|Title||Feminist epistemology meets the masculinity of marketing and consumer knowledge: a contemporary rendering of a decade-long debate|
In this paper I outline possibilities for, and issues arising from, opposition towards the dominant ideologies and practices of marketing knowledge (Hirschman 1993) through an engagement with feminist epistemology (Longino 1991, Harding 1987). Feminist epistemology is a political branch of naturalised epistemology (Quine 1969) primarily concerned with critique of constructions of gender, gender norms and gendered interests within the production of knowledge (Anderson 1995) and with theorising, grounding and legitimating feminist knowledge making practices (Harding 1987). It is most often associated with the feminist critique of science, and with feminist science and technology studies (Haraway 1987, Wajman 1997). Feminist epistemology asks the question, ‘what is the nature of the feminist critical project as a way of knowing?’ (McLennan 1995:392).
This paper outlines the basis of the feminist critique of knowledge generally, and as applied to marketing knowledge, offers description of the three main epistemological approaches to this question and suggestions for their application in practice. The paper progresses important work by consumer behaviour theorists (Bristor and Fischer 1993, Hirschman 1993) on the potentials of feminist ways of knowing for marketing and consumer behaviour by moving beyond the tripartite of feminist approaches outlined, and extending the discussion to take into account the development of situated knowledges theory (Haraway 1989, 1997), which has become so important in the decade since these papers were written. It joins ongoing conversations in consumer behaviour and marketing that share similar feminist concerns (Catterall et al 1997, 2000, 2005, Bettany and Woodruffe Burton 1999, 2005, and Hogg et al 1999, 2000) but in this contribution it takes a slightly tangential approach, seeing marketing knowledge in terms of its epistemic culture by using a model of masculinity in academic cultures from feminist theory (Wagner 1994) to help conceptualise it as such. The dominant masculine ideology of marketing knowledge both in execution (Penaloza 1994, Bristor and Fischer 1994, Fischer and Bristor 1993, Woodruffe 1996), and values (Hirschman 1993, Brown 2000, Desmond 1997) has been well documented over the past fifteen years. However, although the basis of this, how is it manifested and how a feminist informed marketing knowledge could be achieved, have been addressed somewhat in the literature (Bristor and Fischer 1993, Hogg, Bettany and Long 2000) an updated rendering is necessary which focuses specifically on epistemology and situates this discussion within a cultural framework. To do this I use the notions of cultural masculinity in academic disciplines developed by Wagner (1994) of ‘organisational egocentrism’, ‘fake collectivity’ and ‘de realisation’. With these, I raise important and specific issues around the notion of the masculinity of marketing knowledge, and then present an outline of feminist epistemologies to illustrate how different feminist approaches to knowledge would address these concerns.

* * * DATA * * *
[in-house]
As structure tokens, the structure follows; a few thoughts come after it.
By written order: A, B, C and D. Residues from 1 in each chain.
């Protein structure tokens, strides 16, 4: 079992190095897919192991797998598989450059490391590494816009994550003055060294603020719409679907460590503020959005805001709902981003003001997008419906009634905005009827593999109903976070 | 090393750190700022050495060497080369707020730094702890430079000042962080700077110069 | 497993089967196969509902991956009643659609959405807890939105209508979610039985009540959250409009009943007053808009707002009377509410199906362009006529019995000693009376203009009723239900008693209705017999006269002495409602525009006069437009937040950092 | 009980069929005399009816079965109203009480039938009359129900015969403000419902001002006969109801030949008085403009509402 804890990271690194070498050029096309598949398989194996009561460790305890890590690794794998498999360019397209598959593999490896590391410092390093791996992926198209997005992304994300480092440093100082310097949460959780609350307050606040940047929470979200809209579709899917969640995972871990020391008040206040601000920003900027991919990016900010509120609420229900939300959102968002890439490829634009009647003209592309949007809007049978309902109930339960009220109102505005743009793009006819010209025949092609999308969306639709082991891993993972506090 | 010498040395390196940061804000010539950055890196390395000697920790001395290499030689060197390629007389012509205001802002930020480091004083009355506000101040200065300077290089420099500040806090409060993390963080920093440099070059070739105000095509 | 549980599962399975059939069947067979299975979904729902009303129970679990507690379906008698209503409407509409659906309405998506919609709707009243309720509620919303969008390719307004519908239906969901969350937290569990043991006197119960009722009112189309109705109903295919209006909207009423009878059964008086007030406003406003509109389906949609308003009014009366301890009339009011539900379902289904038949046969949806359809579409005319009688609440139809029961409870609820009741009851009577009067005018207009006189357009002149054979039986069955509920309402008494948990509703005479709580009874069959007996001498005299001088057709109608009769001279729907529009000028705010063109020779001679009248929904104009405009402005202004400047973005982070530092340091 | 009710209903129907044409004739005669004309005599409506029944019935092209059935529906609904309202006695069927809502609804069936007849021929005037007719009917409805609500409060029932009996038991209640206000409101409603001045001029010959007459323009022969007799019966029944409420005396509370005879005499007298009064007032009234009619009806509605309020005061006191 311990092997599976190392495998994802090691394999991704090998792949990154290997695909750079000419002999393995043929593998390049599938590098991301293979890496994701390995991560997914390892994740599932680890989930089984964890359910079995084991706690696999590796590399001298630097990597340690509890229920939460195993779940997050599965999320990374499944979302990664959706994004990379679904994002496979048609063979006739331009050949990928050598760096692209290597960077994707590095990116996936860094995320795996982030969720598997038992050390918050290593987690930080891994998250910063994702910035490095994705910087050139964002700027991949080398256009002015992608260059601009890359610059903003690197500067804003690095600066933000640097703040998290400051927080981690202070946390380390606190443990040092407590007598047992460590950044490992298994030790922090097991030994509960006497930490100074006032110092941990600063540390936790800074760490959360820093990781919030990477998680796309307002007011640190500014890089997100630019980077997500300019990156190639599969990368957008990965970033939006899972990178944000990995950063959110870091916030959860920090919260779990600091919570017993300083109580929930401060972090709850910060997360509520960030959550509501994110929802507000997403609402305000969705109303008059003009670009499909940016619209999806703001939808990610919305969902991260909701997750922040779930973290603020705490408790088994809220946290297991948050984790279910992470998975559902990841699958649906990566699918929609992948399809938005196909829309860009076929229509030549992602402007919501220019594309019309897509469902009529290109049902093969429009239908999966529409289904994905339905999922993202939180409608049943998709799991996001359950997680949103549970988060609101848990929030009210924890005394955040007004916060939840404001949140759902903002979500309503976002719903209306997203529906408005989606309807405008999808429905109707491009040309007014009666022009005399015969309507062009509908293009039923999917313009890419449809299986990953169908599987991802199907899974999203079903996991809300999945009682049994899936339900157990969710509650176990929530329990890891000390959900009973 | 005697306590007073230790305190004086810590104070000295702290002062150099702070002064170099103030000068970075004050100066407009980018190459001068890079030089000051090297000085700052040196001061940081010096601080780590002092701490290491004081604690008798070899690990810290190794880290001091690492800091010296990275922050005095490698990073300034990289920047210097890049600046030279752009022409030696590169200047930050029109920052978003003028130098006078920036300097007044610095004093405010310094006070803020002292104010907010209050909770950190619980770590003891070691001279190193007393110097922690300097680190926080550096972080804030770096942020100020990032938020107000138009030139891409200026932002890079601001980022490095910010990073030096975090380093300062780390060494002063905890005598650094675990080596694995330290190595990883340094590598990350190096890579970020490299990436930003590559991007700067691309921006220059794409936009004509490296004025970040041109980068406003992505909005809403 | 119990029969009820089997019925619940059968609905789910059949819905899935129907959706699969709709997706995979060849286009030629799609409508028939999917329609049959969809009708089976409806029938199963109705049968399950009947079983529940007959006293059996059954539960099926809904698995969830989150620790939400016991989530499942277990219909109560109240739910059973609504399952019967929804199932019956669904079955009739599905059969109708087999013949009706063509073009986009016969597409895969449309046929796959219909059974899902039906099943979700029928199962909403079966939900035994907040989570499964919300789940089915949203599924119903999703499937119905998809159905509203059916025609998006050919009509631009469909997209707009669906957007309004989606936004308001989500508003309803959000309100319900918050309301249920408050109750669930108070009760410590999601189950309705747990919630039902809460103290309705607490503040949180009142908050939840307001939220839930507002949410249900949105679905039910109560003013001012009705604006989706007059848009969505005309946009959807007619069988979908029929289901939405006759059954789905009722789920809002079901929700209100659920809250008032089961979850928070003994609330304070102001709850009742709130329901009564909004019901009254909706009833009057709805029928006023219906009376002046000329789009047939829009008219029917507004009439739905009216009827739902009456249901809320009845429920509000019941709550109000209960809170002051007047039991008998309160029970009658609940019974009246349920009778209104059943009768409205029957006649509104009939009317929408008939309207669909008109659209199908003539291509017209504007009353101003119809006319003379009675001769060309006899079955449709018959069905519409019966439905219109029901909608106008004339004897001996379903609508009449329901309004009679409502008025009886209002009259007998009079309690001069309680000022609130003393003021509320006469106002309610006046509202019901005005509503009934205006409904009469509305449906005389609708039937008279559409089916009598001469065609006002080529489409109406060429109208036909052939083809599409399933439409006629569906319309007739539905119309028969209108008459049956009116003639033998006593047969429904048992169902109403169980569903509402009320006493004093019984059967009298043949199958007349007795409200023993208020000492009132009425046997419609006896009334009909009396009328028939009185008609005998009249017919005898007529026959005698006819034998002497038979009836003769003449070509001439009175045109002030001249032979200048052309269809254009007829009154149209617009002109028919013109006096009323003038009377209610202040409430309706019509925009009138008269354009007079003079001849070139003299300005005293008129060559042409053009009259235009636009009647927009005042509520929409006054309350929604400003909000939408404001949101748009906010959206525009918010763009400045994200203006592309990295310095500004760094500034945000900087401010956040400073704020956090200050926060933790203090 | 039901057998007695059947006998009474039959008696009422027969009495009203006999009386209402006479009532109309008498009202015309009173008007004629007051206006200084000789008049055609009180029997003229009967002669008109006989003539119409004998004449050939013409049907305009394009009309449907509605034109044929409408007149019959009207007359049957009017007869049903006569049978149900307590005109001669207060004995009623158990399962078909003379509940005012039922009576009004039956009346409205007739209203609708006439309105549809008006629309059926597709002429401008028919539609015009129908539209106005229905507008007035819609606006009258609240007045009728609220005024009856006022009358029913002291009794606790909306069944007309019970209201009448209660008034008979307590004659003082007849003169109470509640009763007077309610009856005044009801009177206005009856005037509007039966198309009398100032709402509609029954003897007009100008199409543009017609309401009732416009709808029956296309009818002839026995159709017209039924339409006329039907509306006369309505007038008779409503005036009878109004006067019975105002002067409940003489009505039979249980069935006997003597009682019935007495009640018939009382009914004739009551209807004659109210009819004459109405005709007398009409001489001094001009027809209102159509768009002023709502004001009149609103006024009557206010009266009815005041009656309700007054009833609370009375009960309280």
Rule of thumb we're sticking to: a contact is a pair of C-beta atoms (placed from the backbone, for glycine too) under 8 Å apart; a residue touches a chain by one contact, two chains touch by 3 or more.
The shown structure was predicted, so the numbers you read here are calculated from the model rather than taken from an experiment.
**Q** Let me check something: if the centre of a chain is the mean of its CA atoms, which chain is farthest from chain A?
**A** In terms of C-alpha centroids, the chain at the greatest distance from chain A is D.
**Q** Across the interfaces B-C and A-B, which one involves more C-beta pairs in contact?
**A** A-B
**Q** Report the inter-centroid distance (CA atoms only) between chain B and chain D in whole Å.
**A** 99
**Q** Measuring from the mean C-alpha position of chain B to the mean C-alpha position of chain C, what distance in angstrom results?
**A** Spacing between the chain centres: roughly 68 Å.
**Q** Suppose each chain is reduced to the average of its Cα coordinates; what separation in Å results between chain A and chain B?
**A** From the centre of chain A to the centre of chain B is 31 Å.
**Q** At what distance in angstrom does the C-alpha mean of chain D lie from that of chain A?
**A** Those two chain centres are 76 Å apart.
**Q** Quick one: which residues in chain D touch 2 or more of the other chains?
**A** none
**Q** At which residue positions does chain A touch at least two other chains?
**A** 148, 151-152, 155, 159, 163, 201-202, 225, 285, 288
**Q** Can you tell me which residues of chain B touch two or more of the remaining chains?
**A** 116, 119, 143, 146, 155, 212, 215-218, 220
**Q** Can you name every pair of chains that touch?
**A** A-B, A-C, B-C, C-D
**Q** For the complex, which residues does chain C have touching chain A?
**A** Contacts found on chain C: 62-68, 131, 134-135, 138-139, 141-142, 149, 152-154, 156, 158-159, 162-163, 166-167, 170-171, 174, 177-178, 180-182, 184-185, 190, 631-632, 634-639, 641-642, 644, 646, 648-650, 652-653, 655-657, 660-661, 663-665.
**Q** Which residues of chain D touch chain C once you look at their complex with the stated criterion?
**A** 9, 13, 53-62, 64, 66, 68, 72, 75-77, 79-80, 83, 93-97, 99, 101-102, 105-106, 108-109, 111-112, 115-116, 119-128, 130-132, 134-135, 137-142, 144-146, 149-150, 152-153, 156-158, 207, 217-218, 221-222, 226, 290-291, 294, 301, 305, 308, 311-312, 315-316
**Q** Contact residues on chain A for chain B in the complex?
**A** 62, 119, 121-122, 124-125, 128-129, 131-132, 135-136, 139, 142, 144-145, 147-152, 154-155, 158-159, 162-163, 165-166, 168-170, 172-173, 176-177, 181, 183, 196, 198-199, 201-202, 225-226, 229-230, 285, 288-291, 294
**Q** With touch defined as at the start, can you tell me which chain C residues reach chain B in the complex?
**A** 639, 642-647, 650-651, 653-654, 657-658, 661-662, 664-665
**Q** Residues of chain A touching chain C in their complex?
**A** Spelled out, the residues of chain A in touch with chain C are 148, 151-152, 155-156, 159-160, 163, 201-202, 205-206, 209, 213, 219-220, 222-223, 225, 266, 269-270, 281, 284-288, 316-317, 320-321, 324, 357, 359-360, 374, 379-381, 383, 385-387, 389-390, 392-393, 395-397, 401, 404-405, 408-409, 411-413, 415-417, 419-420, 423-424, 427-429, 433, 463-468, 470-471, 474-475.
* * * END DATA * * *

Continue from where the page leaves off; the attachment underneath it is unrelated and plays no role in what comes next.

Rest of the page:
|Conference||Association for Consumer Research Conference on Gender, Marketing and Consumer Behaviour|
|Web address (URL) of conference proceedings||http://www.acrwebsite.org/search/view-conference-proceedings.aspx?Id=12502|